A Legend of Cologne

Bret Harte

Above the bones
        St. Ursula owns,
And those of the virgins she chaperons;
        Above the boats,
        And the bridge that floats,
And the Rhine and the steamers’ smoky throats;
    Above the chimneys and quaint-tiled roofs,
    Above the clatter of wheels and hoofs;
    Above Newmarket’s open space,
    Above that consecrated place
Where the genuine bones of the Magi seen are,
And the dozen shops of the real Farina;
    Higher than even old Hohestrasse,
    Whose houses threaten the timid passer,—
        Above them all,
        Through scaffolds tall,
And spires like delicate limbs in splinters,
        The great Cologne’s
        Cathedral stones
Climb through the storms of eight hundred winters.
        Unfinished there,
        In high mid-air
    The towers halt like a broken prayer;
        Through years belated,
    The hope of its architect quite frustrated.
        Its very youth
        They say, forsooth,
    With a quite improper purpose mated;
        And every stone
        With a curse of its own
    Instead of that sermon Shakespeare stated,
        Since the day its choir,
        Which all admire,
    By Cologne’s Archbishop was consecrated.
        Ah! THAT was a day,
        One well might say,
To be marked with the largest, whitest stone
To be found in the towers of all Cologne!
        Along the Rhine,
        From old Rheinstein,
The people flowed like their own good wine.
        From Rudesheim,
        And Geisenheim,
And every spot that is known to rhyme;
From the famed Cat’s Castle of St. Goarshausen,
To the pictured roofs of Assmannshausen,
        And down the track,
        From quaint Schwalbach
    To the clustering tiles of Bacharach;
        From Bingen, hence
        To old Coblentz:
From every castellated crag,
Where the robber chieftains kept their “swag,”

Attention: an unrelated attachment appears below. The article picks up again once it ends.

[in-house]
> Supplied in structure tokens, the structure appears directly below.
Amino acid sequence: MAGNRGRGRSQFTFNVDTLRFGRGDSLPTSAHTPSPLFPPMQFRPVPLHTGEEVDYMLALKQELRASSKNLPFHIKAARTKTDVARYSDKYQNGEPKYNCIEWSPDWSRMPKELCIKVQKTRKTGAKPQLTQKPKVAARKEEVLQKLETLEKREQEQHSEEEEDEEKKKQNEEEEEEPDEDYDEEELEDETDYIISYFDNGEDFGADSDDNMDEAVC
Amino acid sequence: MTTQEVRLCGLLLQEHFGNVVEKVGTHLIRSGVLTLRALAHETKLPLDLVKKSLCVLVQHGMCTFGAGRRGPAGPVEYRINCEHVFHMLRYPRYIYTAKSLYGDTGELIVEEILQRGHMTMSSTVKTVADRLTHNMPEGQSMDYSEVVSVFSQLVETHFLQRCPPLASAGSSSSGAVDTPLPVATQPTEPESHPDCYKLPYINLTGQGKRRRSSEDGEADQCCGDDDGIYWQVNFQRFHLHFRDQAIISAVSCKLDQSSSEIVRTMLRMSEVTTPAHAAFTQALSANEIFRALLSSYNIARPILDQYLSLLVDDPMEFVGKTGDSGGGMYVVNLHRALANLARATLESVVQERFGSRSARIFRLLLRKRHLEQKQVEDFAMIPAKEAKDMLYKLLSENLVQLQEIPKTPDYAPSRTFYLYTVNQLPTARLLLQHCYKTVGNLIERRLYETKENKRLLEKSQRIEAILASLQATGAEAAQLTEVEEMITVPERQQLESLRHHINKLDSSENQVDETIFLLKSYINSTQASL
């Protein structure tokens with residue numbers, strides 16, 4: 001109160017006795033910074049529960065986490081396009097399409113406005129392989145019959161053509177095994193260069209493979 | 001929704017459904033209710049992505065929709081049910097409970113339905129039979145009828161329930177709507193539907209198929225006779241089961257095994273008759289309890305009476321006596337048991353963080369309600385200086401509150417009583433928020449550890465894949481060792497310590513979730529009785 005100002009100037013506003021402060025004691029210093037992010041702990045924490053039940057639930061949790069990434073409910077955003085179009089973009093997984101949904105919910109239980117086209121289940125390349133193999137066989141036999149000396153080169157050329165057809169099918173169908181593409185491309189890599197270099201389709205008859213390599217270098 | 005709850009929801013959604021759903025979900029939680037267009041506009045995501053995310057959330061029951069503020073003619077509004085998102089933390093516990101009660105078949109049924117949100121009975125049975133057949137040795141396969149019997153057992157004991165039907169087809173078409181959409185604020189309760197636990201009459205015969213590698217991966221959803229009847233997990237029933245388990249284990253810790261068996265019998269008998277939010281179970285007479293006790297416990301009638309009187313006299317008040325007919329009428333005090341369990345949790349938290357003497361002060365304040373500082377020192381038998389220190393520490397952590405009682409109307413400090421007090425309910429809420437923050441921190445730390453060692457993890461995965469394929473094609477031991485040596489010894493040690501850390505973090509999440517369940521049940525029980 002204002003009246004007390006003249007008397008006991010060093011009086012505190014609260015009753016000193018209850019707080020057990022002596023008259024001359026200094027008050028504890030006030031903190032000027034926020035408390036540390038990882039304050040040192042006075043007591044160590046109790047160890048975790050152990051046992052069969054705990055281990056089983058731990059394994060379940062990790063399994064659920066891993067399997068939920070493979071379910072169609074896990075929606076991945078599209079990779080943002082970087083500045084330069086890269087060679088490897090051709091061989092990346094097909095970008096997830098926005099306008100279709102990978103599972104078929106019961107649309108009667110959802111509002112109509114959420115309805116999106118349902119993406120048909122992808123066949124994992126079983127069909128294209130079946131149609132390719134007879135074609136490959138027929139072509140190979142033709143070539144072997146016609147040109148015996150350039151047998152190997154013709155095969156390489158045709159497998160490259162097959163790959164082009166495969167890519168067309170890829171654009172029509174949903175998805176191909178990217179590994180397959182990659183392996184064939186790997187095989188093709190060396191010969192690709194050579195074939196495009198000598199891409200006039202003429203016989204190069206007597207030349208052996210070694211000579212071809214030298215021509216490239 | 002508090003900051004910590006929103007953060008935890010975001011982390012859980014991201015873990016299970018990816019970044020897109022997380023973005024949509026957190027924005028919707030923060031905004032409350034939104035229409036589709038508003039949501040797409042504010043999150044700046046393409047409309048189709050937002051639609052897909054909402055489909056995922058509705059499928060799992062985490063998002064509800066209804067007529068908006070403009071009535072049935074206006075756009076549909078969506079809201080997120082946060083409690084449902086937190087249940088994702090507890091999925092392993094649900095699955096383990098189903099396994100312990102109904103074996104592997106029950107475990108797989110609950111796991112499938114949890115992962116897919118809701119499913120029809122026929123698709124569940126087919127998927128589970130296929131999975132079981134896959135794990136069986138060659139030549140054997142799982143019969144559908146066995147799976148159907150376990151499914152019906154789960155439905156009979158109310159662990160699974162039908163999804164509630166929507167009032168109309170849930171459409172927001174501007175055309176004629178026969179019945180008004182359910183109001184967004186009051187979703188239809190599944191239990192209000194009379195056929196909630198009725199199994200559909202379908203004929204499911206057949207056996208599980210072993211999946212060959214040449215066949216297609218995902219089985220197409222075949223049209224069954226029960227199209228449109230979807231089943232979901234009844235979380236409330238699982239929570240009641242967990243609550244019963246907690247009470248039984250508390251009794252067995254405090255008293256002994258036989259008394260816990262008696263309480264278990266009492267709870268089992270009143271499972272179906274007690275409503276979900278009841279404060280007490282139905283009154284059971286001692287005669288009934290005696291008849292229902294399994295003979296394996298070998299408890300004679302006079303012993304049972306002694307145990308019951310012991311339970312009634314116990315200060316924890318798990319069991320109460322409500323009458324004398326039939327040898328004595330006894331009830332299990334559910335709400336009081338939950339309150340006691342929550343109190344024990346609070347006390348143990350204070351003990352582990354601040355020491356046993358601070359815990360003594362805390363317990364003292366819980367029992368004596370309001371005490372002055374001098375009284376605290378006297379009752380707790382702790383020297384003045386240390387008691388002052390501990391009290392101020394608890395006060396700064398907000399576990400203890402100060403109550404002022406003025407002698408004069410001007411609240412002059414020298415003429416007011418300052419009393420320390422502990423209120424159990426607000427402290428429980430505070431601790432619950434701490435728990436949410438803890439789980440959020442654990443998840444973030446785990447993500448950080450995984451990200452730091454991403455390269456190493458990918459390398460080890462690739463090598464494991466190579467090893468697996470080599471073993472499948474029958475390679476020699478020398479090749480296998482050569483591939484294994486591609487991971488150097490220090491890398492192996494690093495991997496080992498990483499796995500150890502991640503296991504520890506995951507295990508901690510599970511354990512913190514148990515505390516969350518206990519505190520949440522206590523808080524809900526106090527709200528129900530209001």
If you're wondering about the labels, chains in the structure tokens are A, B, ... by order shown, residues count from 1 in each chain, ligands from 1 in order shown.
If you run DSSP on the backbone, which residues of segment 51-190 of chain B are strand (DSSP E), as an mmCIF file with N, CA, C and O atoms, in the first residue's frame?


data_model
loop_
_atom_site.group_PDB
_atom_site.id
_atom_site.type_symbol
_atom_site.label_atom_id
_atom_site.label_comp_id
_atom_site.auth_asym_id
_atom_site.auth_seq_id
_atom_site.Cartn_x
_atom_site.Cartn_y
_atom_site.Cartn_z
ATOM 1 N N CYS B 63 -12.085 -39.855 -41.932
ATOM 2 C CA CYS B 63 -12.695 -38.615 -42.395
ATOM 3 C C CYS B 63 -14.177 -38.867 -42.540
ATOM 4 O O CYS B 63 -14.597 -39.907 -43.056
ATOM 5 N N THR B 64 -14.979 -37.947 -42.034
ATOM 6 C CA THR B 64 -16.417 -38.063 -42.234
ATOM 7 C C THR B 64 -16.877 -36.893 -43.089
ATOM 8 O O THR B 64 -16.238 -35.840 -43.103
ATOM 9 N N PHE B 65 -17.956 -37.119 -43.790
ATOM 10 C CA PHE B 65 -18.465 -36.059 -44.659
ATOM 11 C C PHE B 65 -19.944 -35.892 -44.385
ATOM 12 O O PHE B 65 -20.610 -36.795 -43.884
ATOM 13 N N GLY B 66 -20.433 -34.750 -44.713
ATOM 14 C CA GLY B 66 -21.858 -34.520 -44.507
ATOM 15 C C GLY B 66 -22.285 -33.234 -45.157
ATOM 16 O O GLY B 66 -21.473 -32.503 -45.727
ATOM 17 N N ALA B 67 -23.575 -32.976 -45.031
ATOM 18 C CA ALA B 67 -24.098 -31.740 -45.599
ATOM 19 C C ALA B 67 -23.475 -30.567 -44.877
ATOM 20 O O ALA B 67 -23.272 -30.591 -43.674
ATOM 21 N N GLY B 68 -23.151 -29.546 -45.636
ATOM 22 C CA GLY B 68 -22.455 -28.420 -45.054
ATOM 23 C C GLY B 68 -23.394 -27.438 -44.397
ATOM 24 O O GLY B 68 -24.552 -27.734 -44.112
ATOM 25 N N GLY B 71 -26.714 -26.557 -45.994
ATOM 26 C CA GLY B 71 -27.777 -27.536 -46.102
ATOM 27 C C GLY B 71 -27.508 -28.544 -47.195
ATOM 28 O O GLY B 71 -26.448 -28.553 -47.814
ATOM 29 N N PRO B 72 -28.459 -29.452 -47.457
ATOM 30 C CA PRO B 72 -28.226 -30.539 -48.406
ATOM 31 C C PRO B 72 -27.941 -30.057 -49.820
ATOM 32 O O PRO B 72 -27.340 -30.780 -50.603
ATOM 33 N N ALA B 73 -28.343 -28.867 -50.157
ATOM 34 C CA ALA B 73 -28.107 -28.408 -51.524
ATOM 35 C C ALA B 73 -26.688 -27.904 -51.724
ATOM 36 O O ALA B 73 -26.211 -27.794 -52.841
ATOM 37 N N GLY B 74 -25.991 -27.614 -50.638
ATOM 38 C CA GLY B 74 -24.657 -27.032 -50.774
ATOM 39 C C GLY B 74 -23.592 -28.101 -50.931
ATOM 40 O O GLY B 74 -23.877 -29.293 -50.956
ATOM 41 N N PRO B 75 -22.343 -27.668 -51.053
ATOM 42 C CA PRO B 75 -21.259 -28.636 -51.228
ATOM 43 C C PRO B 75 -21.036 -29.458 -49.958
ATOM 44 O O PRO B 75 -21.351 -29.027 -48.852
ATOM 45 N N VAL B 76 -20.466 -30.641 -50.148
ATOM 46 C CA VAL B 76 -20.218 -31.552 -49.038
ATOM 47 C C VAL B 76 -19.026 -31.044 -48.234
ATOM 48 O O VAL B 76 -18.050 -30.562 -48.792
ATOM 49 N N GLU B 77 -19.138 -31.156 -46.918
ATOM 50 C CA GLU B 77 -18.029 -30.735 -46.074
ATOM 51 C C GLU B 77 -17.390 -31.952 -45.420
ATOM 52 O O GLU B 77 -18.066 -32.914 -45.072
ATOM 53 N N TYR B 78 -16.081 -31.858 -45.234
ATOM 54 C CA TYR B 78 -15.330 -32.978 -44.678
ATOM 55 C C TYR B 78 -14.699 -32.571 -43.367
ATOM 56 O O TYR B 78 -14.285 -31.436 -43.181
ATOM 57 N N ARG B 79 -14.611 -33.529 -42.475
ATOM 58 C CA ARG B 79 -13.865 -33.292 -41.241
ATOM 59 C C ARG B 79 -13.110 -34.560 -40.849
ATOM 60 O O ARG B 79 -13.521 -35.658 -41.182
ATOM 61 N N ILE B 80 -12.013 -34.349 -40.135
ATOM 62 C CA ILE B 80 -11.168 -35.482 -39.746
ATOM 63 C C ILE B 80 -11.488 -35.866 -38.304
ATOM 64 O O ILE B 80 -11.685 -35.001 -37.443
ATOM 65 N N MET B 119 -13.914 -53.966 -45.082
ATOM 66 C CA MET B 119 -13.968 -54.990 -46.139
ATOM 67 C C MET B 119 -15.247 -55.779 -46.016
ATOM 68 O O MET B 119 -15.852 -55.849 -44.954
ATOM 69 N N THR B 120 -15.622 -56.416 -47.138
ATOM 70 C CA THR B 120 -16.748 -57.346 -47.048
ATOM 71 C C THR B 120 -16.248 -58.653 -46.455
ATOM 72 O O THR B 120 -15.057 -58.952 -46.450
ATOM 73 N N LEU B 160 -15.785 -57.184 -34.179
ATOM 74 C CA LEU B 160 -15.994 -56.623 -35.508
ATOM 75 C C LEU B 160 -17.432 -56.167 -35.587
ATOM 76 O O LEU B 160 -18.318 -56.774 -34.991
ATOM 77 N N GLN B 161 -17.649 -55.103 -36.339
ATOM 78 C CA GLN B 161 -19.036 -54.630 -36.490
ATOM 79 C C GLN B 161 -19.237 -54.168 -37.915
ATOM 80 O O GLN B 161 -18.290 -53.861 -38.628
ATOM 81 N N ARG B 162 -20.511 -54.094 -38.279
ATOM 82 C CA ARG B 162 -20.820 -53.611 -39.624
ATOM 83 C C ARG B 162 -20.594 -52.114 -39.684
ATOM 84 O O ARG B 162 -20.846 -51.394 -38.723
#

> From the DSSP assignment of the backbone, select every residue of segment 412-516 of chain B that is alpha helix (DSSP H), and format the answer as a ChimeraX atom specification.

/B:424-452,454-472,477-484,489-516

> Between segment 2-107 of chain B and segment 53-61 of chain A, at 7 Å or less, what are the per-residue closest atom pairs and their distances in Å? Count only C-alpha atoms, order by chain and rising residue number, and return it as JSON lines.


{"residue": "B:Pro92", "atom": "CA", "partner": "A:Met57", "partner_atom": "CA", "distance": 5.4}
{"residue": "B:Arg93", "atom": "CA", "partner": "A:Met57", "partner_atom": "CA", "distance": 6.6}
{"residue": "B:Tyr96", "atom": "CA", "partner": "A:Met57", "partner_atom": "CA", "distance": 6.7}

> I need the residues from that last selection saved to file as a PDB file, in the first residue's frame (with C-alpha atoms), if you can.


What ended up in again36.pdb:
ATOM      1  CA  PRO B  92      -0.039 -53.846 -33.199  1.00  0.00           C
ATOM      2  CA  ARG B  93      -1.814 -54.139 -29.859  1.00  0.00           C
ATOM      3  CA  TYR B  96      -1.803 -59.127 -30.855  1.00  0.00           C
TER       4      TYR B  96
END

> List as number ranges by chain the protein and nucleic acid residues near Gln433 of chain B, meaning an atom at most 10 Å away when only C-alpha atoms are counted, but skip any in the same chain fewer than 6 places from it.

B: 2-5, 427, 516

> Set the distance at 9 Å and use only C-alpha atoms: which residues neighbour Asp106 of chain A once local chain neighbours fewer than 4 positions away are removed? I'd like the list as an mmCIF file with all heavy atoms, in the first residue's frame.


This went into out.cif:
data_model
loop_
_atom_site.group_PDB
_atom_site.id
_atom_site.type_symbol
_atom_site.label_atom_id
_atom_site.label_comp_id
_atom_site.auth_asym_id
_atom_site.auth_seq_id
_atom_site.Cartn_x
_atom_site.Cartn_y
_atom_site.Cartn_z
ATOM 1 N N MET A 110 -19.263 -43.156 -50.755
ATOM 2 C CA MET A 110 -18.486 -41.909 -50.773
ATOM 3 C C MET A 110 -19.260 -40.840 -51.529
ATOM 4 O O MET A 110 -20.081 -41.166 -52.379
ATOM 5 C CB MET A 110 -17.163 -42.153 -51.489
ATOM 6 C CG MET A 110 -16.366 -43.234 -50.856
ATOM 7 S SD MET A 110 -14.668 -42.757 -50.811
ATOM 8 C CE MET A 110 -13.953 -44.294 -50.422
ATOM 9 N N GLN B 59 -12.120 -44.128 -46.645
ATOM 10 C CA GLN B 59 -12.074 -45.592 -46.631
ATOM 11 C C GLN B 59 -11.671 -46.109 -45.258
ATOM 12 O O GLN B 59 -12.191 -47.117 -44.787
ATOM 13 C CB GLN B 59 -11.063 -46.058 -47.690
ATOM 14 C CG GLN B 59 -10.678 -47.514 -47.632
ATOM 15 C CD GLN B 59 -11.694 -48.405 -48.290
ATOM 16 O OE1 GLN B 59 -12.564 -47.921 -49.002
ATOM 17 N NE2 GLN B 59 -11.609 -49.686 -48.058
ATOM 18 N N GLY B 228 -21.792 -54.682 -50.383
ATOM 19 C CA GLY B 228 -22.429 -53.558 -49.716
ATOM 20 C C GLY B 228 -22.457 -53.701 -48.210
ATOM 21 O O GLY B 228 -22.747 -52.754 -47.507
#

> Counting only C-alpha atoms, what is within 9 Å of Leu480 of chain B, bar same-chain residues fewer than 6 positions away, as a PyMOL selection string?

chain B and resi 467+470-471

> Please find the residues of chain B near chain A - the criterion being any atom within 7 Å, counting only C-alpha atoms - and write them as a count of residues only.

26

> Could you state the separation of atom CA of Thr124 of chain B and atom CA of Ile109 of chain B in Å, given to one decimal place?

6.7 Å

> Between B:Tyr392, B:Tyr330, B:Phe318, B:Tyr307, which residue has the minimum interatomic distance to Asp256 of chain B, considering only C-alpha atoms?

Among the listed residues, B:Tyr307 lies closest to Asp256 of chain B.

The folk flowed in, and Ober-Cassel
Shone with the pomp of knight and vassal;
    And pouring in from near and far,
    As the Rhine to its bosom draws the Ahr,
    Or takes the arm of the sober Mosel,
    So in Cologne, knight, squire, and losel,
    Choked up the city’s gates with men
    From old St. Stephen to Zint Marjen.
    What had they come to see?  Ah me!
    I fear no glitter of pageantry,
        Nor sacred zeal
        For Church’s weal,
Nor faith in the virgins’ bones to heal;
    Nor childlike trust in frank confession
    Drew these, who, dyed in deep transgression,
        Still in each nest
        On every crest
Kept stolen goods in their possession;
        But only their gout
        For something new,
More rare than the “roast” of a wandering Jew;
        Or—to be exact—
        To see—in fact—
    A Christian soul, in the very act
    Of being damned, secundum artem,
    By the devil, before a soul could part ’em.
        For a rumor had flown
        Throughout Cologne
That the church, in fact, was the devil’s own;
        That its architect
        (Being long “suspect”)
Had confessed to the Bishop that he had wrecked
    Not only his OWN soul, but had lost
    The VERY FIRST CHRISTIAN SOUL that crossed
    The sacred threshold: and all, in fine,
    For that very beautiful design
        Of the wonderful choir
        They were pleased to admire.
    And really, he must be allowed to say—
    To speak in a purely business way—
    That, taking the ruling market prices
    Of souls and churches, in such a crisis
        It would be shown—
        And his Grace must own—
    It was really a BARGAIN for Cologne!